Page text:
Physician Suicide Is Not Just An American Problem
Check this out. What you will see is that a single hospital in Israel, pictured above, has had four physician suicides since 2018. Amazingly, two of the physicians weren’t just Residents, who kill themselves with an extremely unfortunate regularity due to the stresses of training, uncertainty and long work ours. Nope. One headed Plastic Surgery, the other Soroka hospital’s Cardiac ICU.
When I visited Israel years ago, I had the opportunity to visit with one of the world’s most renowned spine surgeons and his OR RN wife. We had sort of an amazing conversation. Routine in Israel is to work 6 days a week, taking only the sabbath off. Both the Doctor and his wife did that without complaint. Amusingly, his only concern, and it was a serious one for him, is that he got paid no more by the government for his expertise than did a Dermatologist who “just pops pimples.”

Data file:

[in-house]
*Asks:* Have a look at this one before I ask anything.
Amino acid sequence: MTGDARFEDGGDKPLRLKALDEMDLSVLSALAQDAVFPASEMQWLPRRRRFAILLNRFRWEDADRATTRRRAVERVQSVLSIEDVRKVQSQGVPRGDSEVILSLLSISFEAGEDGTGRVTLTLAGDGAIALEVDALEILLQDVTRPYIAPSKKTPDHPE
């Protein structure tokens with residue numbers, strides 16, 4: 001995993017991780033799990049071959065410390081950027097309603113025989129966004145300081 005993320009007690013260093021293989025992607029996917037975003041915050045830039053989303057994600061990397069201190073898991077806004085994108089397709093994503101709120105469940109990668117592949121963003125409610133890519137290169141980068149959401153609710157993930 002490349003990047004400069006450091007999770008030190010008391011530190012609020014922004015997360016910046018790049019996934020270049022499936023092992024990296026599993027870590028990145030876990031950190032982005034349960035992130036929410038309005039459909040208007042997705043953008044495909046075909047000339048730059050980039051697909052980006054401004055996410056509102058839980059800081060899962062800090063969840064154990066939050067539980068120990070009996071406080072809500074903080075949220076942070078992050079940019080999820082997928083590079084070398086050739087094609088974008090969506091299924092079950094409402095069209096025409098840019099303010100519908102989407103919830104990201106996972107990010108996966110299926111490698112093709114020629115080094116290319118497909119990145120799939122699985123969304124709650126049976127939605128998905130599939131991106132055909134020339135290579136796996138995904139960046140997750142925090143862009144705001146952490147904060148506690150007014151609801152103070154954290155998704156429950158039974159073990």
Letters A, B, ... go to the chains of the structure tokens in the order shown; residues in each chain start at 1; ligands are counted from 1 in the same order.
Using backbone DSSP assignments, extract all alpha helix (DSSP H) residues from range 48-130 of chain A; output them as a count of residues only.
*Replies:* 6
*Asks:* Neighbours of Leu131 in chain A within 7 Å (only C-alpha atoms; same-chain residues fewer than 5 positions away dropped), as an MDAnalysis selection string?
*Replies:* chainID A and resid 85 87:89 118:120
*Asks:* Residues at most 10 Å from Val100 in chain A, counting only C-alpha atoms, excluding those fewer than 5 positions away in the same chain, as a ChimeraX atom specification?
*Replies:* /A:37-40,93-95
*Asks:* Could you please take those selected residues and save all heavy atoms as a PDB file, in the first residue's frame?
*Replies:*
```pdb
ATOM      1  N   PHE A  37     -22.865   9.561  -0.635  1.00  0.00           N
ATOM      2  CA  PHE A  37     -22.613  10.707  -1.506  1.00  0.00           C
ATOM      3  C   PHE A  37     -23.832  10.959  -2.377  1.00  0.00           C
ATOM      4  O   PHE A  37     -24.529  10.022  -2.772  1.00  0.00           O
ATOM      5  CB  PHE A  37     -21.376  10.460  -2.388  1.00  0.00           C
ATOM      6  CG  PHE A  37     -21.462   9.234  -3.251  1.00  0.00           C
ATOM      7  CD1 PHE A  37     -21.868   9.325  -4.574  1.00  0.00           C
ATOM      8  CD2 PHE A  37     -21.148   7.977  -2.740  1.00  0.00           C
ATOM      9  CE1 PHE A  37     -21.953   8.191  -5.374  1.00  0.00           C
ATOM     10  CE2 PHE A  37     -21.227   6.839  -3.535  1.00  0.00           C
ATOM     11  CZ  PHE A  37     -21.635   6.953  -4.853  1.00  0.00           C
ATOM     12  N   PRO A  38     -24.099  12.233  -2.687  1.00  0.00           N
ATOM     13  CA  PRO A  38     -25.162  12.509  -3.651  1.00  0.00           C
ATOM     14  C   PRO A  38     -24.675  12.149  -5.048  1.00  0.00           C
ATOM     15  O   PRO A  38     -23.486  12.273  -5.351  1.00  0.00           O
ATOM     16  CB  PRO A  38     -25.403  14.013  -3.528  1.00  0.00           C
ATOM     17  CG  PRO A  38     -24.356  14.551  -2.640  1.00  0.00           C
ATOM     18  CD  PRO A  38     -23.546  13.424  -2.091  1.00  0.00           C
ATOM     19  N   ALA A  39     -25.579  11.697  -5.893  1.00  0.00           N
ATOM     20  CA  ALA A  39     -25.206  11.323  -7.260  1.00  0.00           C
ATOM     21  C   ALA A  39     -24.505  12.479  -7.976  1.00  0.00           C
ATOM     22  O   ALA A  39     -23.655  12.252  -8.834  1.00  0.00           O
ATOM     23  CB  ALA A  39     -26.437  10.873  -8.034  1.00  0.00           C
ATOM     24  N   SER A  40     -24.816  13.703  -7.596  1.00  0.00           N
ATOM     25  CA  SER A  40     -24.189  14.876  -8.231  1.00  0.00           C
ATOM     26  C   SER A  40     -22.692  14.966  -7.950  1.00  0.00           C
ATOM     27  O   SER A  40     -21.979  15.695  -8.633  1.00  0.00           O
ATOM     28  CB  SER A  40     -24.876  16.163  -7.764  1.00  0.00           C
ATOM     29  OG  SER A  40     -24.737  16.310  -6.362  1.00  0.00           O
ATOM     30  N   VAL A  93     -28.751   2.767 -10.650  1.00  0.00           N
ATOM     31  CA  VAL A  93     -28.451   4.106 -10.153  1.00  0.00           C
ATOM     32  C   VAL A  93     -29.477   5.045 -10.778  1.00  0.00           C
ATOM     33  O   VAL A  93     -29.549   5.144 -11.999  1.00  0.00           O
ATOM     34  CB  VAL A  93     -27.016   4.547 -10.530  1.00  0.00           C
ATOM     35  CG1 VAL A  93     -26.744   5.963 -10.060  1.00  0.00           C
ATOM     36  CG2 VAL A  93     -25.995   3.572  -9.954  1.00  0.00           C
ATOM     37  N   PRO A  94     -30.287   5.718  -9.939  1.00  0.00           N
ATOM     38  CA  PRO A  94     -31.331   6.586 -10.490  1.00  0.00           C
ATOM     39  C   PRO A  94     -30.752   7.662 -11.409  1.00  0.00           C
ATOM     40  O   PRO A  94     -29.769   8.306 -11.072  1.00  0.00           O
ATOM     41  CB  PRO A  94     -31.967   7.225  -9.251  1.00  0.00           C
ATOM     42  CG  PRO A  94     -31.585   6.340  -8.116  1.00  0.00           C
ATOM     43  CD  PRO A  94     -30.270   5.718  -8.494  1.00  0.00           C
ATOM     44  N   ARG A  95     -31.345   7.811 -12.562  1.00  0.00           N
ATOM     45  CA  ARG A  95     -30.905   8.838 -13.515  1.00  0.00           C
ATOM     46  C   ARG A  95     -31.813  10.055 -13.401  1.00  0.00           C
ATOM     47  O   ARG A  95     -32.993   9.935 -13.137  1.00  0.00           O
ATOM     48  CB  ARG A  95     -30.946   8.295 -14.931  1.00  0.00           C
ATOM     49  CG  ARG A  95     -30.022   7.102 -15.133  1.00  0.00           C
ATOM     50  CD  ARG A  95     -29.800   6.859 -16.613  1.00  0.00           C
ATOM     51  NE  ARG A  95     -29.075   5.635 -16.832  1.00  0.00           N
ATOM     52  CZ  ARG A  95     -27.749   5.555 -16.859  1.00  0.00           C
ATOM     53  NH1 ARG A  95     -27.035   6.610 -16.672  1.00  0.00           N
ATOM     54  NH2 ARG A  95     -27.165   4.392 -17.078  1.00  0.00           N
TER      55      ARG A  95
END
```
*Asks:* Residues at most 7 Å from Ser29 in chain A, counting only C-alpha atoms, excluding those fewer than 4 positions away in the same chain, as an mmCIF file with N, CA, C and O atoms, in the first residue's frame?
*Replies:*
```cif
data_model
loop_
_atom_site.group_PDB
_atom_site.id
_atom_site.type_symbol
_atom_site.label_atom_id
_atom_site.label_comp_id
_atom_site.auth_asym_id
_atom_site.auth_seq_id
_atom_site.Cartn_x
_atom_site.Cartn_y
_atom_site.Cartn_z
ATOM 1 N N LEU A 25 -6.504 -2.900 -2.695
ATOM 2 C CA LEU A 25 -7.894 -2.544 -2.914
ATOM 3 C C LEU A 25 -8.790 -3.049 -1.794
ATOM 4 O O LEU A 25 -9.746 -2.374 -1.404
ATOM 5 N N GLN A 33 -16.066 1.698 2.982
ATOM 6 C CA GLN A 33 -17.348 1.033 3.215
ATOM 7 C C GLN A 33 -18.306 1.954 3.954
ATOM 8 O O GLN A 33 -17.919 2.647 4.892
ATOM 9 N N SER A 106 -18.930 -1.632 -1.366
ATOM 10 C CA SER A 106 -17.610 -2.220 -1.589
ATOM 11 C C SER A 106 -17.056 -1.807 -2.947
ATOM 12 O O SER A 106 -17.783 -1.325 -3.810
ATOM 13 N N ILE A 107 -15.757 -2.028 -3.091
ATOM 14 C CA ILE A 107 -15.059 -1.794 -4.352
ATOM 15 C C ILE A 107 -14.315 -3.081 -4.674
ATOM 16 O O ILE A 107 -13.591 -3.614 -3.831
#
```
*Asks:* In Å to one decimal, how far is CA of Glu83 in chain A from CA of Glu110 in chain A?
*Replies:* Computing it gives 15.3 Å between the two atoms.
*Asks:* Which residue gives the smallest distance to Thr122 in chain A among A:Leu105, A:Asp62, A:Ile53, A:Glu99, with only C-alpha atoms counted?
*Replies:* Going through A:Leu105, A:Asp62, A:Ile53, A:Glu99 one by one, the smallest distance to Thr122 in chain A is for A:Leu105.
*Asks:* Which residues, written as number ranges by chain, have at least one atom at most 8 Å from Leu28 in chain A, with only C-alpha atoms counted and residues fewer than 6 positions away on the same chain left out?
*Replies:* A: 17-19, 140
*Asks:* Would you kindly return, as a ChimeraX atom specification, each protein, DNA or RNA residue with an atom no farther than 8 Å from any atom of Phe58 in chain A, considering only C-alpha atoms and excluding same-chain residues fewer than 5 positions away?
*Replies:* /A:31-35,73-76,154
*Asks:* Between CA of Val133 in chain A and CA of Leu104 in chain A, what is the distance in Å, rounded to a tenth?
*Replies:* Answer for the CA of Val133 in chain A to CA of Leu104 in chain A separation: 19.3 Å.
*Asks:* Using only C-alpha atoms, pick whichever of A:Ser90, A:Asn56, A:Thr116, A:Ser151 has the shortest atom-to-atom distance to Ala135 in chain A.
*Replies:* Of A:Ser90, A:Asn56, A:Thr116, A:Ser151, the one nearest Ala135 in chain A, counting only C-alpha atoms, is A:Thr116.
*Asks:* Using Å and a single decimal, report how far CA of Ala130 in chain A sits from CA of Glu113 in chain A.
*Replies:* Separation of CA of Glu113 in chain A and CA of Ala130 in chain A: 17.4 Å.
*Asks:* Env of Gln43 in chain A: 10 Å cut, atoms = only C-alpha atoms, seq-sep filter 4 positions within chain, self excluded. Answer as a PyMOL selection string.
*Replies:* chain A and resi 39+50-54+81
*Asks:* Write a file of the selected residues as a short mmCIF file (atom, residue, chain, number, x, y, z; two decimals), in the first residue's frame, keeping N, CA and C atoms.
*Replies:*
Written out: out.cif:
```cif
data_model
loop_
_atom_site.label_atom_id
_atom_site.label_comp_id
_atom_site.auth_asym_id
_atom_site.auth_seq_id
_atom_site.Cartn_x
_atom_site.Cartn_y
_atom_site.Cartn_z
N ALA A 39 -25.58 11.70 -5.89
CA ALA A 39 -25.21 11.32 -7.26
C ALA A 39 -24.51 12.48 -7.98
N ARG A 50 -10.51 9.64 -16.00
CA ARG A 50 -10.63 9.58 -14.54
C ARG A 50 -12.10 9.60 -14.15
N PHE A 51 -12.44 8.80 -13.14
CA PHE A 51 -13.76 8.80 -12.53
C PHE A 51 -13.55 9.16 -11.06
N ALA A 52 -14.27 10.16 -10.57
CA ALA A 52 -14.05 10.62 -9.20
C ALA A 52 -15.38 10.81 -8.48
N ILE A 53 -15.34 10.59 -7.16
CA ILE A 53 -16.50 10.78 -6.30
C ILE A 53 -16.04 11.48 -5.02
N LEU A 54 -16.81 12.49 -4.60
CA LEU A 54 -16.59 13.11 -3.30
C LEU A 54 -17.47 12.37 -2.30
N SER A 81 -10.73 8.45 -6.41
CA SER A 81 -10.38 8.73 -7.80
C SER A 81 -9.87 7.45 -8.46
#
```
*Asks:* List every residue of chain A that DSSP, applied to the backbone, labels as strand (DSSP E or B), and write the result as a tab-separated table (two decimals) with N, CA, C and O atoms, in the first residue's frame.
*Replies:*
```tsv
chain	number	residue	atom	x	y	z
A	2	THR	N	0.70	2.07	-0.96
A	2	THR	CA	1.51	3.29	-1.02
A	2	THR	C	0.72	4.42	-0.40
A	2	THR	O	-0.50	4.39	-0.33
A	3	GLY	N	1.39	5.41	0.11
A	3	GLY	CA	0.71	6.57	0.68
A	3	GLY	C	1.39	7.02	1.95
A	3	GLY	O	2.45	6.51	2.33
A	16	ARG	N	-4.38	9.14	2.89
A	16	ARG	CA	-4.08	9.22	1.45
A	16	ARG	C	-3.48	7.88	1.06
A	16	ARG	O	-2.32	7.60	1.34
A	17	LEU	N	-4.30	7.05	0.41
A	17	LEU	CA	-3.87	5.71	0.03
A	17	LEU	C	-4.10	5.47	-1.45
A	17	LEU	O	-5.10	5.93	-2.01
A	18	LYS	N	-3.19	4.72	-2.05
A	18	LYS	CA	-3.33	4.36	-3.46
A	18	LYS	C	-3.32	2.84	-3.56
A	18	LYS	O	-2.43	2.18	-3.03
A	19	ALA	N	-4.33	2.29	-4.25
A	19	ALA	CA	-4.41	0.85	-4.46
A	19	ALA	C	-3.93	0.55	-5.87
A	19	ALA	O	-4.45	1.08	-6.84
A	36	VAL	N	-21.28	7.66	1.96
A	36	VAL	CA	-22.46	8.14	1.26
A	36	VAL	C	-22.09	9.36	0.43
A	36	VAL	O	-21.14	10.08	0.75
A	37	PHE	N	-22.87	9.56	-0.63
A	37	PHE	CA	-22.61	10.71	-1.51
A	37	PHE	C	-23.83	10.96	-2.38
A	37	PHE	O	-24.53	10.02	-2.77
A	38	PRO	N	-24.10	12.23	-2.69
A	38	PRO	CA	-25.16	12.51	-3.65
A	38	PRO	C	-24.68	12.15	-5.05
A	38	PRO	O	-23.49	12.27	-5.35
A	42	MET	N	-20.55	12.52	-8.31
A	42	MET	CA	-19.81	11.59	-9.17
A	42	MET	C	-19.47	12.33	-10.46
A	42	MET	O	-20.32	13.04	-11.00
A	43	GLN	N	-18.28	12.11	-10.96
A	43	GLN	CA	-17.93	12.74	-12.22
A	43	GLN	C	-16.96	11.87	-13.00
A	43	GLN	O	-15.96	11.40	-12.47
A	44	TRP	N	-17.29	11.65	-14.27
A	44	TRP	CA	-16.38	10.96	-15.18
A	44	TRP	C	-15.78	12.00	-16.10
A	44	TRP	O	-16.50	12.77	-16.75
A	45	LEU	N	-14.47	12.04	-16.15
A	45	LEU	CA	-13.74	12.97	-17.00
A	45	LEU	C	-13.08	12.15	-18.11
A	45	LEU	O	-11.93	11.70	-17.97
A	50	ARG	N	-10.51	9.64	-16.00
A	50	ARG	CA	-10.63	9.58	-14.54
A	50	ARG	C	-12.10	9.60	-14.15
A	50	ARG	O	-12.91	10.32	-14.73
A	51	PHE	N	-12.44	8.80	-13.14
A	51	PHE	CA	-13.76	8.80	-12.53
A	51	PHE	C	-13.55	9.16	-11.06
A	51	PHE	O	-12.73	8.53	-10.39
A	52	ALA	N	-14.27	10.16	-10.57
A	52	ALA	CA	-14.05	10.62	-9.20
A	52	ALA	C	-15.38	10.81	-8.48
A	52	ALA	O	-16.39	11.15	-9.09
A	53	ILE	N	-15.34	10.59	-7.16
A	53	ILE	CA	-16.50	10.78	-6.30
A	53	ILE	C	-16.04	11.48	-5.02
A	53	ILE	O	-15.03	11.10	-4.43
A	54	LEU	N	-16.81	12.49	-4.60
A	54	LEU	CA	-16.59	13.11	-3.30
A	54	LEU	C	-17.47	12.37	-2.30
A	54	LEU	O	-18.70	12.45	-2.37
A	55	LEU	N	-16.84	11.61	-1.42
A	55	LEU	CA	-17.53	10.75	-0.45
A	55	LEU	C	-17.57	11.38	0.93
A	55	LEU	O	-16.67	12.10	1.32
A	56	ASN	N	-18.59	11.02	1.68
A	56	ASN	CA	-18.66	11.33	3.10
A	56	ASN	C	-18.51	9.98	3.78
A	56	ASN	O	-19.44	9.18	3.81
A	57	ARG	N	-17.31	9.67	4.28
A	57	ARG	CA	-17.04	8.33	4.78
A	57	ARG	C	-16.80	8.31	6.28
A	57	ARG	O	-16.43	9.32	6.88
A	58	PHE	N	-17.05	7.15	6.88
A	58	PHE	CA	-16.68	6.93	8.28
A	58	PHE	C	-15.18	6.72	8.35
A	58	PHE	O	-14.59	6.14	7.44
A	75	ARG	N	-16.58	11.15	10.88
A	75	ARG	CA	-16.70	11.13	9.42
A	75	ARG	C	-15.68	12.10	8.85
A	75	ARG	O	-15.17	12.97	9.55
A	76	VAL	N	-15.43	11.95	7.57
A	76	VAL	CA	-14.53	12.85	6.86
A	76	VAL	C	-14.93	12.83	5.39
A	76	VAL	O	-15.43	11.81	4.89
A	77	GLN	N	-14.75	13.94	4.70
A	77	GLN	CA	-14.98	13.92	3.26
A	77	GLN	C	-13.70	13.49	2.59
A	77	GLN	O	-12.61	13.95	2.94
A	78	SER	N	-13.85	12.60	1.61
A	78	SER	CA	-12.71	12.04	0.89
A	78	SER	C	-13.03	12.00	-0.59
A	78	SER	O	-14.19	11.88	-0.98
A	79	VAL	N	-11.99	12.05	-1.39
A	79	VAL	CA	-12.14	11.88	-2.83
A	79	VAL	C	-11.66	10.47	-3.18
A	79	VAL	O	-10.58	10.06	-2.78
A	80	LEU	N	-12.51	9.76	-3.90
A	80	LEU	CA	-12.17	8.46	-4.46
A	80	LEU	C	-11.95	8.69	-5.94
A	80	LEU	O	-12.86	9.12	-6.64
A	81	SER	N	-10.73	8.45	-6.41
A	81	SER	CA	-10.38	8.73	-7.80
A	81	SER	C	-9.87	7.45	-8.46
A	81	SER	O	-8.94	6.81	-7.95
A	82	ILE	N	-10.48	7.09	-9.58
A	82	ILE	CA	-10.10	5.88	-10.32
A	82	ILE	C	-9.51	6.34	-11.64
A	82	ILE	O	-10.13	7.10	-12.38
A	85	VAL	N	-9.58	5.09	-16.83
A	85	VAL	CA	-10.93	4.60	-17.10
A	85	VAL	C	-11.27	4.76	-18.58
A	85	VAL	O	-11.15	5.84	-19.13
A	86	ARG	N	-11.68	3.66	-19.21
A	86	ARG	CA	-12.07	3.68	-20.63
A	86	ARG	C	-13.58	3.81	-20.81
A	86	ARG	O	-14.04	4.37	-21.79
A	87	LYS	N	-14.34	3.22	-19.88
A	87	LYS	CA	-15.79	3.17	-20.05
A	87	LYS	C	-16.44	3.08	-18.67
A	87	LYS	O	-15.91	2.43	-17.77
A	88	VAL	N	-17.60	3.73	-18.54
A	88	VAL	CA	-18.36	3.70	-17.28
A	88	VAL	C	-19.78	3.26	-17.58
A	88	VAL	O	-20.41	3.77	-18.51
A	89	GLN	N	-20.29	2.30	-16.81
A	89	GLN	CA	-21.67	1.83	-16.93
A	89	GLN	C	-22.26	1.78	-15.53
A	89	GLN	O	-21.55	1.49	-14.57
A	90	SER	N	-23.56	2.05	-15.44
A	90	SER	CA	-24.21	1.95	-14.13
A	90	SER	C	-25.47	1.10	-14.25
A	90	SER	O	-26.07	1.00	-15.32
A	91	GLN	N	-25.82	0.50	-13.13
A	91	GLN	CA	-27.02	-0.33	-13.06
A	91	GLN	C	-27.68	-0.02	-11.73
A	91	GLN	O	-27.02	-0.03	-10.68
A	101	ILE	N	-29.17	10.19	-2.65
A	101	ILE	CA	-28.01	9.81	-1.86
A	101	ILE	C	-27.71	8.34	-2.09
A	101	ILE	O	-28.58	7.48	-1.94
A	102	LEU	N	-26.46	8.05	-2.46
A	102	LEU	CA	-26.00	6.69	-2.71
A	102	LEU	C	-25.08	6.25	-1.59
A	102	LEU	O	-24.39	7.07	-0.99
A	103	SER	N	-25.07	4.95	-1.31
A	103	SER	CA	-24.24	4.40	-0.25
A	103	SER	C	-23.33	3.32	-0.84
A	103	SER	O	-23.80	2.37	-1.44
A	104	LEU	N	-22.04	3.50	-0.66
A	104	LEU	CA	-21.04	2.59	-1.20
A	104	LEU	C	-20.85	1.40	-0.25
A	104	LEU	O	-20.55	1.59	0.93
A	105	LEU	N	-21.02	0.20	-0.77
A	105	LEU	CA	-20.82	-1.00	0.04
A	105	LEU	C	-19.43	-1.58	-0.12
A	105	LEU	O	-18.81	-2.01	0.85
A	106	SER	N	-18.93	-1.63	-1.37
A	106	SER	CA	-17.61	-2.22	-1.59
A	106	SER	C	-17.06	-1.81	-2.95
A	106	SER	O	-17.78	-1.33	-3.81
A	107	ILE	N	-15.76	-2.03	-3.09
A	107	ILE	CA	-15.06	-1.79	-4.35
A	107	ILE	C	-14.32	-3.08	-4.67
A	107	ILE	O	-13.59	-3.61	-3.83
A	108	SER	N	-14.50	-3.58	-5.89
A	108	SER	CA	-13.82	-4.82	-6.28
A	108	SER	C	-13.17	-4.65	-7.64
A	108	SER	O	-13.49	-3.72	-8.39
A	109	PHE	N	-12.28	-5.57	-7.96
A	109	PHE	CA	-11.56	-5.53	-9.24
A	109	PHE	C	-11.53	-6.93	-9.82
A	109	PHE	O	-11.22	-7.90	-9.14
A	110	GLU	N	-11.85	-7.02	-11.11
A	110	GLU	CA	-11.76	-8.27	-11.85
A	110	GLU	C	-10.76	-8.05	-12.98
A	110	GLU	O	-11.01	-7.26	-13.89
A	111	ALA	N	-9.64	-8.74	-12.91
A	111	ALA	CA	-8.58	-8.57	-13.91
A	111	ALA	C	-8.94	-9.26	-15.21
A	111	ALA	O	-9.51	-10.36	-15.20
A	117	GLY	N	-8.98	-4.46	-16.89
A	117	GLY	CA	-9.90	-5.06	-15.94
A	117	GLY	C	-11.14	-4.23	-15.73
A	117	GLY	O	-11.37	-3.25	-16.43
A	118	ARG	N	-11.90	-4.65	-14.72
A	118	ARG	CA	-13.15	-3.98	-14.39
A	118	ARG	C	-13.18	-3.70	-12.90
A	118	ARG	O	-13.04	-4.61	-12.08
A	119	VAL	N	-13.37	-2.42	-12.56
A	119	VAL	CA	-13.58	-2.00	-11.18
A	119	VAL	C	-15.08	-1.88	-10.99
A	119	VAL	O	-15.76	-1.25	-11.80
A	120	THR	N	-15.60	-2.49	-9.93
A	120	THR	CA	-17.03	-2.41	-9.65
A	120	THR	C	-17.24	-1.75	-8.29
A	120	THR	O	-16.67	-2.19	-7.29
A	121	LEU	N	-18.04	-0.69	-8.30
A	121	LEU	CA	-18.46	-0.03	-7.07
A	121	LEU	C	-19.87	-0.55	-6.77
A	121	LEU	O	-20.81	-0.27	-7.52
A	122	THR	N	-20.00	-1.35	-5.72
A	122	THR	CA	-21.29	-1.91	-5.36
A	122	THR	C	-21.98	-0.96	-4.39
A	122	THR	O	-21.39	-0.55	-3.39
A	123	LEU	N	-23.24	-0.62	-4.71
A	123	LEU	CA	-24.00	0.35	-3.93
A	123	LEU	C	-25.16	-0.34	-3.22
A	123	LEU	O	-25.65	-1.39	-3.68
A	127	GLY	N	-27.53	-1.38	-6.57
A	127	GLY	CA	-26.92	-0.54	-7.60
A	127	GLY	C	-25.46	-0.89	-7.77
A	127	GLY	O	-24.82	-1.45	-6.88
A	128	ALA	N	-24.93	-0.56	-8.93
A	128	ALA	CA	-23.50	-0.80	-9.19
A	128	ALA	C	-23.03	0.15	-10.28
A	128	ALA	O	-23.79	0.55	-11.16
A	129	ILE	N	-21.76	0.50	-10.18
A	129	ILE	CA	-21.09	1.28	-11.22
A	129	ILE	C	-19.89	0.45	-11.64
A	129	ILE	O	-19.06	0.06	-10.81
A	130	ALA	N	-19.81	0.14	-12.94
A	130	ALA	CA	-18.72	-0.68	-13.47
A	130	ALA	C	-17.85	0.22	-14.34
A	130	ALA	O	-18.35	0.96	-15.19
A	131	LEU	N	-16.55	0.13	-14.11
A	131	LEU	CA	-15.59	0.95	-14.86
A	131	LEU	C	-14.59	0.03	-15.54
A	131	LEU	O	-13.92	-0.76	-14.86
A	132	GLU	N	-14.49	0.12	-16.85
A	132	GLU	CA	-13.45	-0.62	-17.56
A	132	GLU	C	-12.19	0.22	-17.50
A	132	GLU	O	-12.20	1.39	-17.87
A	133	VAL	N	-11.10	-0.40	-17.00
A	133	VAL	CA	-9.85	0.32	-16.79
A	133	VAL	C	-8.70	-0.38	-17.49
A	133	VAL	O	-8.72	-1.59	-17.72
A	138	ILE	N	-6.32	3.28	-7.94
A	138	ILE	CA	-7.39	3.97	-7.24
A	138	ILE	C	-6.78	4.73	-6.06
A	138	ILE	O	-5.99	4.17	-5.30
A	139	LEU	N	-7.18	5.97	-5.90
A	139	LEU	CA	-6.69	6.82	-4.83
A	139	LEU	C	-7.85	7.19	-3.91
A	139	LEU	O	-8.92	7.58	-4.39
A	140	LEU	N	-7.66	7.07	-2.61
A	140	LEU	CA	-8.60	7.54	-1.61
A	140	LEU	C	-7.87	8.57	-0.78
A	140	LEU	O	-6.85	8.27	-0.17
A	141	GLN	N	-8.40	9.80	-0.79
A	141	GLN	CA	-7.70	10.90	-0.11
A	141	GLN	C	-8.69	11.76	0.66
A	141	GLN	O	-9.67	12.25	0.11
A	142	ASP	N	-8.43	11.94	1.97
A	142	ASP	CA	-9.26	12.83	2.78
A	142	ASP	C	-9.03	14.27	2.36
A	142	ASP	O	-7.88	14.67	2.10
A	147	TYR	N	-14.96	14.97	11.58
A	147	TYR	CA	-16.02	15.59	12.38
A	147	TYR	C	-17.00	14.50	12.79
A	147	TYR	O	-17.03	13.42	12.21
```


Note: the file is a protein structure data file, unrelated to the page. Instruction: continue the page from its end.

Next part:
But scroll forward a couple decades. We see doctors in this Beersheba hospital working 430 hours a month to keep up with their surgical and training schedules. And yes, the hospital put in a program to try to prevent further suicides. And yes, the hospital says that the doctors are their “top priority.” But no, that doesn’t really cut the mustard when you still have physicians working well over 100 hours a week.
Bottom Line. Around the world, we seem to have the same problem. Administrators (Who I am guessing are notworking 430 hours a month!!!) are installing “Resiliency Programs,” when what they really need to be doing is to make physicians’ work lives more manageable.
In a couple of weeks, I am going to be making a presentation at PMRC on the three reasons why pharmaceutical marketers and marketing researchers need to start to include physician burnout in their understanding and segmentation of physicians. I am going to begin by expressing my frustration at the fact that although I have been writing about suicide and burnout for several years, nobody in our industry seems to care.